Off Topic: a plan for the future to have a future

As a retired educator I often run across items that give me hope for the children in our school system.  This video raises some very important questions about the influences in children’s learning capability.

Surprisingly, it is not only the child, or the teacher who are responsible for their success.

It is the parent…

With that in mind I share with you a video that was introduced to me on Angela Grant’s blog site, she calls: Failure to Listen.  The video is entitled:

Plan for the Future to have a Future | A Theory of Change (video from Harvard)

After watching , you may agree or disagree with the theory and the recommendations posited.  However, I urge everyone to watch, to think, and to consider, that the children in our current system are our future.  Children learn what they see at home, they emulate their parents, for good or ill, and the lifestyle modeled is often self-perpetuating.

My questions to you are:

  • Can we break the cycle?
  • Is it society’s job to step up and step in?
  • Do you believe that interventions of this type will even work?
  • If not, do you have a different idea about what to do?

Speak up, speak out, and share your thoughts.

Once Upon a Time in the West: the bookmobile

A friend of mine, Cindy,  recently posted a vintage photo of an early Bookmobile.  Seeing it brought back a cherished memory of the second grade at Howard Elementary…

I loved going in and finding books on archeology and stories about historical Peoples.  The first time I tried to check out one of these fascinating tomes the lady in charge challenged me saying, “You’re too young to read that book!  That’s for the big boys and girls in High School.”

“I can read it!”  I boasted.  Whereupon she sat me down and made me read a few pages to her.  I think I surprised her.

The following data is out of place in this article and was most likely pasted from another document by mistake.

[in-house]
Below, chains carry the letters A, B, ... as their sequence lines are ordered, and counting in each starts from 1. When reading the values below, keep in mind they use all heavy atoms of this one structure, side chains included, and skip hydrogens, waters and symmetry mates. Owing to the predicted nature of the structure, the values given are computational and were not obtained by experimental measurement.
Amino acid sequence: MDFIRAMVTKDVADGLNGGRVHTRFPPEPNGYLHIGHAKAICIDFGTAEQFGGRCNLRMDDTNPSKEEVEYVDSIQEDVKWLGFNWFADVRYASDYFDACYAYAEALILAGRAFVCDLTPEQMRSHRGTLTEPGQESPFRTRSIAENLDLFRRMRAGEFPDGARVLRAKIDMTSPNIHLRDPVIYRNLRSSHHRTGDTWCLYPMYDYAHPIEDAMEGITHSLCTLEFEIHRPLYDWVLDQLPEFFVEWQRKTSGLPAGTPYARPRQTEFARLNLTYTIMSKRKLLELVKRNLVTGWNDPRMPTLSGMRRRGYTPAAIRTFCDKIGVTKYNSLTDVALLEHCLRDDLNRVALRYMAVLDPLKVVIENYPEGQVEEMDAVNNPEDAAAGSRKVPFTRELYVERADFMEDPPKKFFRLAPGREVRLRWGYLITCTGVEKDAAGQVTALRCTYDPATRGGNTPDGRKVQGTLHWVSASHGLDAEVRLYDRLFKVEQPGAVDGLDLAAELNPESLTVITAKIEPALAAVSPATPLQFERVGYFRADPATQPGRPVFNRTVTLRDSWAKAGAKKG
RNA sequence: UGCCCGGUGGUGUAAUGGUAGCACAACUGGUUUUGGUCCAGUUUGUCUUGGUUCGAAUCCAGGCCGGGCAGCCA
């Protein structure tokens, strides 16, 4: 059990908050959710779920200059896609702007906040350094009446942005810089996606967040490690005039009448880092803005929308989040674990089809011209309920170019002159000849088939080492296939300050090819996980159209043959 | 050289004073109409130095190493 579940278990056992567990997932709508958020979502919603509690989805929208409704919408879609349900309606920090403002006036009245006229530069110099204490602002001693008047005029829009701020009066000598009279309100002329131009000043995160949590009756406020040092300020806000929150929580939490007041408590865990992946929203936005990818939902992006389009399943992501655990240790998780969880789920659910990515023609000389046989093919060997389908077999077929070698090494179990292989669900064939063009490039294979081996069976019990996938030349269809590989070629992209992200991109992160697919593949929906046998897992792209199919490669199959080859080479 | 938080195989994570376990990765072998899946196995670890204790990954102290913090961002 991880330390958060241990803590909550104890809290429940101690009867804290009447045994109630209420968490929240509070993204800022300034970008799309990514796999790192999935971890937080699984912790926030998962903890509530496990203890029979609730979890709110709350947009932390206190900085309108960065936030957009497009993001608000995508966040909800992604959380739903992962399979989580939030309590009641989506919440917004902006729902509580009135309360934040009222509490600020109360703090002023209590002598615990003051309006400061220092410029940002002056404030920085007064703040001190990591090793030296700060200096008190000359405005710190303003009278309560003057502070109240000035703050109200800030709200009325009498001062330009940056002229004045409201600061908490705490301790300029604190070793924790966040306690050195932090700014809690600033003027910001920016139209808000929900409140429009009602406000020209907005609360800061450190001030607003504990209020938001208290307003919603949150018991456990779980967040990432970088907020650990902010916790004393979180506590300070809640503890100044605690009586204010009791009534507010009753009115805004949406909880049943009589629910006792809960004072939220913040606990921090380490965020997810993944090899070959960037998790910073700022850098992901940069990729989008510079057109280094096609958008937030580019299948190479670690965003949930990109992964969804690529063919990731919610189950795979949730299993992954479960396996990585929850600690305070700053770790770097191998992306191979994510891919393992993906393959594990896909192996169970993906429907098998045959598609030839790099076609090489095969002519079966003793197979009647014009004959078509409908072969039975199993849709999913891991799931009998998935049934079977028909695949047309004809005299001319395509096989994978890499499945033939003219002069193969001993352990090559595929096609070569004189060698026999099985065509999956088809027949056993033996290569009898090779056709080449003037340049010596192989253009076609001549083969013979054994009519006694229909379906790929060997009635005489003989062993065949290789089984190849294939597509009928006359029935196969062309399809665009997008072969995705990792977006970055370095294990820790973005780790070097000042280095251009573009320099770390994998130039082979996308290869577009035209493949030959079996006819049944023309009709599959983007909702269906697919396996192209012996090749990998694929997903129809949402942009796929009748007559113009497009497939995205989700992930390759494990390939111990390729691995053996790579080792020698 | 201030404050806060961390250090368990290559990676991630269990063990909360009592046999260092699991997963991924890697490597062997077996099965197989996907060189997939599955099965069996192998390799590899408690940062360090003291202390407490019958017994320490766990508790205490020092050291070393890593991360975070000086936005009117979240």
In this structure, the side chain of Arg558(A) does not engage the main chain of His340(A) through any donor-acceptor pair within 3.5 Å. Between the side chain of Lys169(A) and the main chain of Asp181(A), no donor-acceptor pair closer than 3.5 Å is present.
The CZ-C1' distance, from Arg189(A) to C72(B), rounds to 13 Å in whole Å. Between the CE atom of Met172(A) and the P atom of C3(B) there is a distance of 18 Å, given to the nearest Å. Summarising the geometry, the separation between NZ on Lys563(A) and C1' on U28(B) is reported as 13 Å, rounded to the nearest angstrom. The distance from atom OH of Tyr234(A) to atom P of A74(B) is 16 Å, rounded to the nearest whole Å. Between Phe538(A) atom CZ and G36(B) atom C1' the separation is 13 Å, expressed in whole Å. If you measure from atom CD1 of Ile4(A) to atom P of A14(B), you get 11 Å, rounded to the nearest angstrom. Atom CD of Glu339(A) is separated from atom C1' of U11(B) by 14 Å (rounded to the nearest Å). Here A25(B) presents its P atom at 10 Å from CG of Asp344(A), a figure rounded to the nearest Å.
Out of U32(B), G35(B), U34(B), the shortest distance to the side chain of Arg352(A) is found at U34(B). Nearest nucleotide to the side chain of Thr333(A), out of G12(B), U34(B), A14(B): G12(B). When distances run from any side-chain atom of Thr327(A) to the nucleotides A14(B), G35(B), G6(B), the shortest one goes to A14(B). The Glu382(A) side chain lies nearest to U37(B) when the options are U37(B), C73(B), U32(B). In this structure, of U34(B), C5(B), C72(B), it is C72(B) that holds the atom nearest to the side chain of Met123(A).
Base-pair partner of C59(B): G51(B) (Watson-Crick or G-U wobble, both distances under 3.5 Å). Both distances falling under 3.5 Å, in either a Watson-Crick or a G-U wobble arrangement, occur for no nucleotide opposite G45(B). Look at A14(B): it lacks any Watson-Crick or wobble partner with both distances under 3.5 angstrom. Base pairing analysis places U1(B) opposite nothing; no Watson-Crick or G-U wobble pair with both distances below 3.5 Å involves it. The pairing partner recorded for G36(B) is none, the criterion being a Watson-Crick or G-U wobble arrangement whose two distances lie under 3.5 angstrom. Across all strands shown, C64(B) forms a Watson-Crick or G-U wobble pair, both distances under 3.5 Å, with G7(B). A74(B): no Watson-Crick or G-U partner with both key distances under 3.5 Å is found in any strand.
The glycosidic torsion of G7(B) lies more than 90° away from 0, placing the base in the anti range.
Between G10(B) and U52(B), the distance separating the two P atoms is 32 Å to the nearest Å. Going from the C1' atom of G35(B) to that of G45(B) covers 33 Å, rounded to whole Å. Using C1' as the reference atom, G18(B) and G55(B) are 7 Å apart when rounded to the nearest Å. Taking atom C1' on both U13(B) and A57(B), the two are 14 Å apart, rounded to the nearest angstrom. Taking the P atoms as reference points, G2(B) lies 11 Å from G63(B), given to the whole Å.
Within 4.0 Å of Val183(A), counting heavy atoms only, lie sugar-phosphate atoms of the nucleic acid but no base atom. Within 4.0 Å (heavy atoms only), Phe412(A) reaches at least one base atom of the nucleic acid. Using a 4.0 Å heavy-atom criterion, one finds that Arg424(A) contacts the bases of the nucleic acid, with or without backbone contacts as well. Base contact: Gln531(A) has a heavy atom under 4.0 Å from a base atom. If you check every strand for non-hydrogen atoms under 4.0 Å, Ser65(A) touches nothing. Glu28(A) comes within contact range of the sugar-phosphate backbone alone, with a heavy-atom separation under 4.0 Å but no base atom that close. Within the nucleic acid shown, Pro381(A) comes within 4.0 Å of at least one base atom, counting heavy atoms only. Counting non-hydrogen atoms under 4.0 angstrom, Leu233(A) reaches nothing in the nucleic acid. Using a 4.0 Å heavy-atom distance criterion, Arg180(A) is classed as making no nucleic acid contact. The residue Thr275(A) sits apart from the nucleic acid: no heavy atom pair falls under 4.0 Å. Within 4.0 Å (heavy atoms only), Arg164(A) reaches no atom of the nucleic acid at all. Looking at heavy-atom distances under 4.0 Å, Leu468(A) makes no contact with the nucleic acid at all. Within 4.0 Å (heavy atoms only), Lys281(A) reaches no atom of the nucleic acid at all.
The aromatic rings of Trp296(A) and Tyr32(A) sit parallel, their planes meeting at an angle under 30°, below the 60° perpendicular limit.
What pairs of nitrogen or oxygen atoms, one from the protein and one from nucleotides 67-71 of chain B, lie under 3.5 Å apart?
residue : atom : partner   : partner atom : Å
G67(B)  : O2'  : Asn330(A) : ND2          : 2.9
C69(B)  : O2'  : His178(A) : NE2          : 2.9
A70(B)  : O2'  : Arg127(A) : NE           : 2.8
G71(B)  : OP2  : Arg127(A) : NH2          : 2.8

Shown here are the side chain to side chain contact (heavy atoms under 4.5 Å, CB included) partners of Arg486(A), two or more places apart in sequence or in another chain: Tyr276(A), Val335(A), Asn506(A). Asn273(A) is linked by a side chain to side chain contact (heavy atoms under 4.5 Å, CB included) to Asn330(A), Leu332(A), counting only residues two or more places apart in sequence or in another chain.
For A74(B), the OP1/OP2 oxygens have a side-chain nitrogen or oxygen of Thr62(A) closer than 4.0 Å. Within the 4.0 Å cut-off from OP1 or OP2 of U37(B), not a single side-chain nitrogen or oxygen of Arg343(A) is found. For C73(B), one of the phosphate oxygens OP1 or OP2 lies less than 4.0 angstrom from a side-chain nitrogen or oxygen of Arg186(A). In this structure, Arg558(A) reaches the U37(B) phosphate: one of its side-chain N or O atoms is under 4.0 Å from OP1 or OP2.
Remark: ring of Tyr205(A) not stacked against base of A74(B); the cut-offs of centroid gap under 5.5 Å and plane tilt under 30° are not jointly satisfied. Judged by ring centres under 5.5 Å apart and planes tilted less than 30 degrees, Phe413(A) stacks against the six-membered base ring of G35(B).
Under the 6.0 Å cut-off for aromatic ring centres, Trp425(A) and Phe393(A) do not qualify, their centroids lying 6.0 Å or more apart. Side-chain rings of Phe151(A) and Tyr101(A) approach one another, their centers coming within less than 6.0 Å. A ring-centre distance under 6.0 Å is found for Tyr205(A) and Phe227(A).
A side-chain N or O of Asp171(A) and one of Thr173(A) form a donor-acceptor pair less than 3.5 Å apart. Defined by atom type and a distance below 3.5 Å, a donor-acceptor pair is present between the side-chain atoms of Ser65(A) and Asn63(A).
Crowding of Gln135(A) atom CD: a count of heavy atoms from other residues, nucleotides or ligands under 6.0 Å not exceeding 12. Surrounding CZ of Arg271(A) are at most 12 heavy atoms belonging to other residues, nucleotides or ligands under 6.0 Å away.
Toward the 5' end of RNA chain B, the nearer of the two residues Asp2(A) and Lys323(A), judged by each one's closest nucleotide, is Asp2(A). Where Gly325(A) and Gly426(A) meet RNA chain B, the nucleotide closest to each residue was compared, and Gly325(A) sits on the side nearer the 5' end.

“OK” she said, “Now tell me about what just happened in the story.”

When I had finished explaining about what the little cliff dweller boy in the story had been doing and thinking, she let me have the book, and any others I wanted after that.

I was eight.

~*~

Yes, I remember the Bookmobile, though maybe not this far back!

Photo Credit:  http://librarianista.tumblr.com/  via Cindy’s post at http://schoollibrarybeyondsurvival.wordpress.com/2011/10/02/early-bookmobile/

Thank you Cindy for helping me find my voice today! 🙂

The state of things.

Yesterday I took a few lovely books over to my neighbor for her to share with her grandson.  Upon receiving them he began hugging me.

Grandma:  “He’s a hugger.”

I just stood there like a post…

Grandson:  “I was born real close to Valentines day and that’s why I love everyone so much.”  (paraphrased because I honestly can’t remember exactly what he said.)

It took me an embarrassingly long time to respond to his loving and normal display of gratitude on receiving my gift.

So what was that all about? 

Well you see, when I taught in California there were so many lawsuits going on involving teachers and inappropriate touch (more than one is too many!!!) that we were instructed NOT TO TOUCH OUR STUDENTS.  Those who did only touched the top of their little head, or their hands for proper instruction and help with holding a pencil.

This is all wrong.  Little kids need hugs and an appropriate show of affection from caregivers.  (And whether you know it or not your child’s teacher is a caregiver/stand in mother, protector, parapsychologist, as well as educator for your little darling)  😉  We do try to do it all and more each day and all without touching them for fear of being accused of inappropriate behavior.

It saddens me to realize how programmed I had become, and that the programming has persisted even into my retirement.

It makes me wonder is it just me?

OR…

Do all teachers feel/react like this nowadays?

Do parents worry about this kind of thing?

Do the students?

How has it come to this?

It makes me sad for the children.